Which raises a question: why would someone want to travel between the two places anyway? We can understand why someone would want to escape from hell, but why would someone want to go the other way? Might Lazarus, out of pity and free from any grudge, have wanted to bring relief to the man who had ignored him during his suffering? It was not possible.

Rob Bell has suggested that the reason the gates of the New Jerusalem are left open may be that there will always be an opportunity for someone to have a change of heart and come in. But that does not appear to fit the context; nor does it tally with what Abraham says here.

Luke 16 runs against universalist ideas that suggest that everyone will end up in the same place. As does Jesus’ own teaching in the Sermon on the Mount where he says that there will be people against whom the door will be shut. There is an inside and an outside. Such ideas may be out of step with the inclusivistic aspirations of our century, but we have to deal with what Jesus said and not what we wish he had said.

It is interesting that the rich man never asked to get out. The best he dared hope for was for Lazarus to bring him some water. The next best was that his brothers would be warned so that they would not end up in the same place.

Someone has said that “hell is simply one’s freely chosen identity apart from God on a trajectory into eternity.” In other words, how you choose to live now is what you will be then. Who the rich man was in life had determined where he would be in death.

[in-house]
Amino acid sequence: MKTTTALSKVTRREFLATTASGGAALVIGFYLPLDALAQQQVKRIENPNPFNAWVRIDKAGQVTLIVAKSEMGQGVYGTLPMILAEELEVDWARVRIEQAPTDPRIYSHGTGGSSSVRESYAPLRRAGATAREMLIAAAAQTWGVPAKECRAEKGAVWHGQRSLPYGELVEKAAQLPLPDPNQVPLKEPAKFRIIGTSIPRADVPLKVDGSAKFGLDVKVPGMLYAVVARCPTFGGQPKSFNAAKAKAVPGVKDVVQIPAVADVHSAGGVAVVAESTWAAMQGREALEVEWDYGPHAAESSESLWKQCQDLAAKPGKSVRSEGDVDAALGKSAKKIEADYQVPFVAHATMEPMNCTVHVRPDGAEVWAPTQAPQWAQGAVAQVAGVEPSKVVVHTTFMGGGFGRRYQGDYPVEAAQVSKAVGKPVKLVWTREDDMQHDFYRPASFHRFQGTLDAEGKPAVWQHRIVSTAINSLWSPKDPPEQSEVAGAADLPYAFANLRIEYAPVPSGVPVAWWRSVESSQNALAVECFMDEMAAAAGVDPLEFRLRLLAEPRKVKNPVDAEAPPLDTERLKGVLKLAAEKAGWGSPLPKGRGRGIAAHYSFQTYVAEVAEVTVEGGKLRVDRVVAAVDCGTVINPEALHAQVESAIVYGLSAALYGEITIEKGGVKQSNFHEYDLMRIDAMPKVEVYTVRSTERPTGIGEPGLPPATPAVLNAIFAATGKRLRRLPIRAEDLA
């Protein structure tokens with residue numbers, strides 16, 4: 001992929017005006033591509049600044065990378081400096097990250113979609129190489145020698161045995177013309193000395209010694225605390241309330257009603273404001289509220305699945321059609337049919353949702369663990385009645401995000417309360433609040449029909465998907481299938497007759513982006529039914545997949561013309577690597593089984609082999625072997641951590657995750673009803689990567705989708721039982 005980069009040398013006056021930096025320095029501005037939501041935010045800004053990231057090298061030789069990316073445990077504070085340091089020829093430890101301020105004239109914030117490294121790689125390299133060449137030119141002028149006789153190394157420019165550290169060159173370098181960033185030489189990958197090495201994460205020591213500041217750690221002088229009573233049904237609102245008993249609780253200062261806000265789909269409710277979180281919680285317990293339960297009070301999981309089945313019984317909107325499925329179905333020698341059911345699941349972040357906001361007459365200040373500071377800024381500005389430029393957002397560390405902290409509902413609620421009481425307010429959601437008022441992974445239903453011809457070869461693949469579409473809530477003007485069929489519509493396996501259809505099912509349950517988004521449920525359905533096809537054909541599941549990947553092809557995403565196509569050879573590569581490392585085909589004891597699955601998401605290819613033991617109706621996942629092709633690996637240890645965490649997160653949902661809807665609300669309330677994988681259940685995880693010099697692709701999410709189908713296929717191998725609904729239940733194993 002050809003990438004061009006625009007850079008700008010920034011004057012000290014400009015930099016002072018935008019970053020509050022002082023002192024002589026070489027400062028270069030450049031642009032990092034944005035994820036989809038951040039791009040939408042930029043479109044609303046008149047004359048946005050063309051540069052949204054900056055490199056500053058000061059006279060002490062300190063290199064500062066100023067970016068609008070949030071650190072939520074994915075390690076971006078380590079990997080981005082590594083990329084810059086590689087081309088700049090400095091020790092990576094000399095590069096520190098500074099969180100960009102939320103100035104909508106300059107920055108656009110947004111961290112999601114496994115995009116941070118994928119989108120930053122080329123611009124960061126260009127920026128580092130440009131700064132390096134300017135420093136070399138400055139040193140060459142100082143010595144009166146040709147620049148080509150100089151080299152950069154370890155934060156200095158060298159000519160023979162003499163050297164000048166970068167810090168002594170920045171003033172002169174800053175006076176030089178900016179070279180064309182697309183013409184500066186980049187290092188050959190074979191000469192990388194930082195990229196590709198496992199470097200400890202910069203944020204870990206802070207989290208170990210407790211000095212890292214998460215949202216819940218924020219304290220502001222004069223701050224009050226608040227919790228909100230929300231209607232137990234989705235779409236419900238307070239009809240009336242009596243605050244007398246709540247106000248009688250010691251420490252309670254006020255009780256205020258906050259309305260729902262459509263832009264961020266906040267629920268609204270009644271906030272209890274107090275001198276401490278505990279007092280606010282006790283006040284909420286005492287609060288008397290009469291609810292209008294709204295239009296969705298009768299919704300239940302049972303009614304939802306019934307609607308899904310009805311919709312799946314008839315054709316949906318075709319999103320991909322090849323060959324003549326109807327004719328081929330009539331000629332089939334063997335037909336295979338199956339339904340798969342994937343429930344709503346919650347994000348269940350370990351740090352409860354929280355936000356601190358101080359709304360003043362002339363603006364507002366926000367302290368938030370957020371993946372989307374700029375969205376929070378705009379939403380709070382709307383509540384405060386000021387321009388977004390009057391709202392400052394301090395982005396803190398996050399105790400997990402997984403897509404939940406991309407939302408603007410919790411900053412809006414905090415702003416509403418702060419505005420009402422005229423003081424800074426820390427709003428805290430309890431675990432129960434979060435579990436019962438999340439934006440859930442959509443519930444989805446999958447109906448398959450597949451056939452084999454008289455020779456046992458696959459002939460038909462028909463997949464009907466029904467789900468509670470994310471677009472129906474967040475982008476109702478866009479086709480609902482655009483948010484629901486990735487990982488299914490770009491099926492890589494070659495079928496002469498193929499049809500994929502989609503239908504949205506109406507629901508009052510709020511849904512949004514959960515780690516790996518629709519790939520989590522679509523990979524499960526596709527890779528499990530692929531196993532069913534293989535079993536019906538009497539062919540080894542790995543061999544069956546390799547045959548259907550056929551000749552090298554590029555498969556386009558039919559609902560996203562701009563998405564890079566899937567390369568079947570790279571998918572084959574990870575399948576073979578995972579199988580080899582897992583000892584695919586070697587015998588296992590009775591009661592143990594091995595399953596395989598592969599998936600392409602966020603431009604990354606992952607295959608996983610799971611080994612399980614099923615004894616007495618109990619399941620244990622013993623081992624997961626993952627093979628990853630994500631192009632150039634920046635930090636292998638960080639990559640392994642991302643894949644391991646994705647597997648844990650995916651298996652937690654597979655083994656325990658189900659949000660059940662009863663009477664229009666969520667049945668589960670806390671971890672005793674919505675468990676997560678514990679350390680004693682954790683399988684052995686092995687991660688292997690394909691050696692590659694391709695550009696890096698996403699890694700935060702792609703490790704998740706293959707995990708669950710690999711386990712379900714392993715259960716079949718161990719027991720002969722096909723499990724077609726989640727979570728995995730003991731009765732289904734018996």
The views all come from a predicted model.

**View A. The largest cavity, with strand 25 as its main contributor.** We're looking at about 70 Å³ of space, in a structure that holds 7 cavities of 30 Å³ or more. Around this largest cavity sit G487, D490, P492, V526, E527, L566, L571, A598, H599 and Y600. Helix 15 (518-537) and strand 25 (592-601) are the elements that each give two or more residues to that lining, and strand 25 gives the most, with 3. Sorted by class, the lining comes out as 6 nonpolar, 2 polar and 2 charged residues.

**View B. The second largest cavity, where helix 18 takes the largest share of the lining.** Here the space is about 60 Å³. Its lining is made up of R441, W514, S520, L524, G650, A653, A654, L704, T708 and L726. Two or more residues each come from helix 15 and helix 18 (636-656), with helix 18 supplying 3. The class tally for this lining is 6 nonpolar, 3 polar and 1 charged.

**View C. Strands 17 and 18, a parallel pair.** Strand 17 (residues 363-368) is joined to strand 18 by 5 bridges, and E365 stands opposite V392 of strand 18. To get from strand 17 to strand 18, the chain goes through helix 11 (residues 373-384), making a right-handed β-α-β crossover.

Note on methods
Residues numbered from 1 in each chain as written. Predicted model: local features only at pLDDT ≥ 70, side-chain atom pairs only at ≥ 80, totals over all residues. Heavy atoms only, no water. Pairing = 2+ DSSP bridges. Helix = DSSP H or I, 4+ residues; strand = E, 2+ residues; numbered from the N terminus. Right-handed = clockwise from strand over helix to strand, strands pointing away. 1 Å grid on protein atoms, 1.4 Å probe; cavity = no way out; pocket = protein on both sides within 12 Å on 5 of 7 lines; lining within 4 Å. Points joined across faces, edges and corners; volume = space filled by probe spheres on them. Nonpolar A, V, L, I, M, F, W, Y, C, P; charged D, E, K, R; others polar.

Hell as a place of suffering.

Both places – Abraham’s bosom, and hell – are places of conscious experience. The experience of Lazarus in heaven was an experience of comfort. What he had suffered in his lifetime was left behind; where he had suffered, now he was comforted.

The rich man’s experience of hell was an experience of conscious suffering. Fire is a terrifying picture and it is one that is used quite a bit in relation to hell. Jesus sometimes spoke of Gehenna. This was a place, outside the city, where people burned animal carcases; previously it was a place where children were sacrificed to idols. Jesus talked about a fire that never went out. Later, at the end of the book of Revelation, John wrote about the Lake of Fire: anyone whose name was not written in the Lamb’s Book of Life was thrown into this place of torment.

We might ask whether the flames are literal, or whether this is a figure of speech. After all, if the flames are literal, then why are its victims not eventually consumed (some believe they will be: this is known as annihilation)? Whether it is a figure of speech or not, it is impossible to miss the fact that this is an experience of conscious suffering. The rich man was suffering so badly that even a drop of water on the finger tip of Lazarus would make a difference.

The awful thing is that hell is a place without mercy.

There are not many easy ways to read what happens to the rich man. Why would anyone choose to end up in a place like this? Why would anyone choose a path that was going to lead to destruction? Why would anyone choose to be on the wrong side of a great chasm or the wrong side of a closed door?

Especially when there is an alternative.

For the greatest barrier to hell is the cross of Jesus; for it is here that God demonstrated his love. It is at the cross that Jesus experienced our hell. Here is how God loved the world: he gave his Son so that whoever believes will never perish.

Previous: introduction.

Next: a story about wealth.